As I reevaluate the nature of enterprise data warehousing, the following dimensions for enterprise systems of the future emerge:

  • Cross-Functional: Enterprise systems of old were a contradictory collection of silo applications. Today, the scope of enterprise systems is redefined with new requirements that cut across traditional functional boundaries. The quest is to integrate business processes and business information so that customers and other key stakeholders view the business from their perspective. This perspective is more than satisfying a single version of the truth. It requires multiple views of the business from the outside in, rather than a single official view from the inside out.

  • Extreme-Capacity: Large-scale is now redefined with new metrics for speeds-and-feeds, rather than pounds of iron. A classic metric has been data size. It was a bragging point to say that you supported a 2TB database. Now, data size is becoming meaningless with the focus shifting to the rates of storing, analyzing and distributing information to a community of users, both inside and outside traditional corporate boundaries.

  • Diverse User Base: Enterprise systems of old were reporting machines with one class of users – depersonalized batch reports. Data centers were factories that produced paper. Trees entered one side of the data center and emerged as stacks of green-bar paper. Users were reduced to locations for depositing these stacks on certain time schedules. Today, users of enterprise systems come in all shapes and colors, both internal and external to the business.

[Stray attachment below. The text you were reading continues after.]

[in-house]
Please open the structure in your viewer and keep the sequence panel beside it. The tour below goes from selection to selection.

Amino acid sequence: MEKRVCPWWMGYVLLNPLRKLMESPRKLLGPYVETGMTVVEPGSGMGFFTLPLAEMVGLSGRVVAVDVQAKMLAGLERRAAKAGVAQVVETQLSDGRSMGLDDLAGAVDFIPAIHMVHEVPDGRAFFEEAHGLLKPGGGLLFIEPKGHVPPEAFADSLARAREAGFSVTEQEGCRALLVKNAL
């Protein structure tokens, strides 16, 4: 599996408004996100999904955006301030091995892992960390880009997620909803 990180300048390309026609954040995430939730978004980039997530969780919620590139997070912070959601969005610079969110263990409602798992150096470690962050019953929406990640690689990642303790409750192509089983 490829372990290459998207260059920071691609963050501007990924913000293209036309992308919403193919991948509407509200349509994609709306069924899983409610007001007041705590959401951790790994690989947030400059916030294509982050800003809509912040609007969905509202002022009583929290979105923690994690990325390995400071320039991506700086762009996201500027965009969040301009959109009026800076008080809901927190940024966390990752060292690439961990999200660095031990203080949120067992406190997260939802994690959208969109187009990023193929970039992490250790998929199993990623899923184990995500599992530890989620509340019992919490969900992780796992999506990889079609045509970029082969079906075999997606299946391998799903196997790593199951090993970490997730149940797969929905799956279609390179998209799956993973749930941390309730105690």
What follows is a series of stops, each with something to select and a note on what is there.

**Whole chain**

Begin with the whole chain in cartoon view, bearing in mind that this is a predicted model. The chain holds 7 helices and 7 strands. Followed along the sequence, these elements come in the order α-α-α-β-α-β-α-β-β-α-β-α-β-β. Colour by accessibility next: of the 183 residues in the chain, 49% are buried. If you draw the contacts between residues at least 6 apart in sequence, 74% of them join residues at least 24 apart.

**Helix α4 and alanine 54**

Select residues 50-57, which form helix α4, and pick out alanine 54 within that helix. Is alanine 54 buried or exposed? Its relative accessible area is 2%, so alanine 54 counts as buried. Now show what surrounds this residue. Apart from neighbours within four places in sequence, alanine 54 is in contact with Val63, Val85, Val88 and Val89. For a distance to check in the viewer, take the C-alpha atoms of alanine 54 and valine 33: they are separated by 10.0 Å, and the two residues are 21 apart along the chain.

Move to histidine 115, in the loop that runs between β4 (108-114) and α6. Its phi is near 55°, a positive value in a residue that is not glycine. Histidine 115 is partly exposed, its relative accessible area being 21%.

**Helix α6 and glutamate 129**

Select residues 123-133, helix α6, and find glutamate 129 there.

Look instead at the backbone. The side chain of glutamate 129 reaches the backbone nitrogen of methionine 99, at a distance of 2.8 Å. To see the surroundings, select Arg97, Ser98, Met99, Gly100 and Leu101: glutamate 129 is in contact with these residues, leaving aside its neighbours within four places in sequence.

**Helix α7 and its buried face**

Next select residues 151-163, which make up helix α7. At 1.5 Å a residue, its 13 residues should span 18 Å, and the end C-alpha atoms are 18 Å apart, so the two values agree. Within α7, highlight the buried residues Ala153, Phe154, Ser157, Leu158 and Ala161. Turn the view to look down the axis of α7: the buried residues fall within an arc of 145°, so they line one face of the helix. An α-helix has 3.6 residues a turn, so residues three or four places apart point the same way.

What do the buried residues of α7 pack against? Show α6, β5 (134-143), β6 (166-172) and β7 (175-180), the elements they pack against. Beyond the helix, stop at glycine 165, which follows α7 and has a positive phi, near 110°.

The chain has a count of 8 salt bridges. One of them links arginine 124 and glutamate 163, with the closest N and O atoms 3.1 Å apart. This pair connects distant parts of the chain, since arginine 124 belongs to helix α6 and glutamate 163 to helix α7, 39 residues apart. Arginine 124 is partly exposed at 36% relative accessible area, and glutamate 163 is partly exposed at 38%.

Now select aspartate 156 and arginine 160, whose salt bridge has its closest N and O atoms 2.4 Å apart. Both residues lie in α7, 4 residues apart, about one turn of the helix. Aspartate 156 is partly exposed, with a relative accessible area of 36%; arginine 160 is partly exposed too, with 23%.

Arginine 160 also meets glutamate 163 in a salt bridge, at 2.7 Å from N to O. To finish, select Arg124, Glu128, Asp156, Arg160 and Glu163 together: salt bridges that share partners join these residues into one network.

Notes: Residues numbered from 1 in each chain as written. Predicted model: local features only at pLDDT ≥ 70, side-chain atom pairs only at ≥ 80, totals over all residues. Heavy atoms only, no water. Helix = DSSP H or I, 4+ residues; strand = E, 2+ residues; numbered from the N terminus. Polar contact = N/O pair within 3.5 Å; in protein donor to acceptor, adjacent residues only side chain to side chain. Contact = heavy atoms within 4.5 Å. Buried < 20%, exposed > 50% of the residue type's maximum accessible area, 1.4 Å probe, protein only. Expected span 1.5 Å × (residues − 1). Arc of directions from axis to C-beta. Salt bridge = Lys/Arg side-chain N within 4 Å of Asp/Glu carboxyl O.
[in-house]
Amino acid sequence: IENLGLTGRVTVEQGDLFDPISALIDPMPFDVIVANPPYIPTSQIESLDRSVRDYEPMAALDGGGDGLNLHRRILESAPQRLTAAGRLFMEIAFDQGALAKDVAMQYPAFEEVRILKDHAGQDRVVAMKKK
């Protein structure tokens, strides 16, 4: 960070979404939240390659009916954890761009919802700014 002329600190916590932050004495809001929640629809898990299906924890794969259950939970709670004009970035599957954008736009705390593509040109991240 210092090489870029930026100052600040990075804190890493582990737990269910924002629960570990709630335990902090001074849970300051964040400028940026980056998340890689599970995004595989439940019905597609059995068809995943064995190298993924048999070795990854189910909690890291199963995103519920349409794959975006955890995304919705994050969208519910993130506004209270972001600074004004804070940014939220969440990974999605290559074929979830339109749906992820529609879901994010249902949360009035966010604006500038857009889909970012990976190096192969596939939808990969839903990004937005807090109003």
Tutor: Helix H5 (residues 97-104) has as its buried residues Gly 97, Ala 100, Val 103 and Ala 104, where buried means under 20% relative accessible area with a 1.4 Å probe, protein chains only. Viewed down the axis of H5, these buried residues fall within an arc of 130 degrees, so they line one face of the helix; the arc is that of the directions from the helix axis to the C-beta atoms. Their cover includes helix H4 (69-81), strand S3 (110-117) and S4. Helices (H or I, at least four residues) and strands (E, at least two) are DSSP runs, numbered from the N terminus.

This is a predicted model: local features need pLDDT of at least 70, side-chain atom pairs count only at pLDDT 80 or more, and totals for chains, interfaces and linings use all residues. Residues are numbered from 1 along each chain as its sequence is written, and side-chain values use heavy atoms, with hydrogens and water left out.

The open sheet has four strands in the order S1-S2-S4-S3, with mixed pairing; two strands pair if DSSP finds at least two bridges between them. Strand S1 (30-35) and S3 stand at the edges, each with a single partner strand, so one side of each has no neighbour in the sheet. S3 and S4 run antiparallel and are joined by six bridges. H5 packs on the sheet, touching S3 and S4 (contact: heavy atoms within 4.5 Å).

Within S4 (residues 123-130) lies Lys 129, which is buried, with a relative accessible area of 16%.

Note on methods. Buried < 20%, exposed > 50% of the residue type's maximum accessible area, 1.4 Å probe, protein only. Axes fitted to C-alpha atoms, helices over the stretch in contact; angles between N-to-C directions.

• Complexity: Enterprise systems of old were much simpler and lived within a controlled environment, both physically and informationally. Today, systems are not more of the same, but have become a diversity of loosely coupled pieces, all of which are in constant reconfiguration. Today, data is not static, sitting on large disks waiting for historical analysis. Data is in constant motion, streaming from an infinite pool. It increasingly seems foolish to catch this torrent in a bucket called the enterprise data warehouse.

  • Mission-Critical: Enterprise systems of old were held to high levels of reliability because, if reports were not generated, people got upset. Today, the situation is much more critical. If the enterprise system malfunctions today, the business stops. Having people upset is the least of the problems.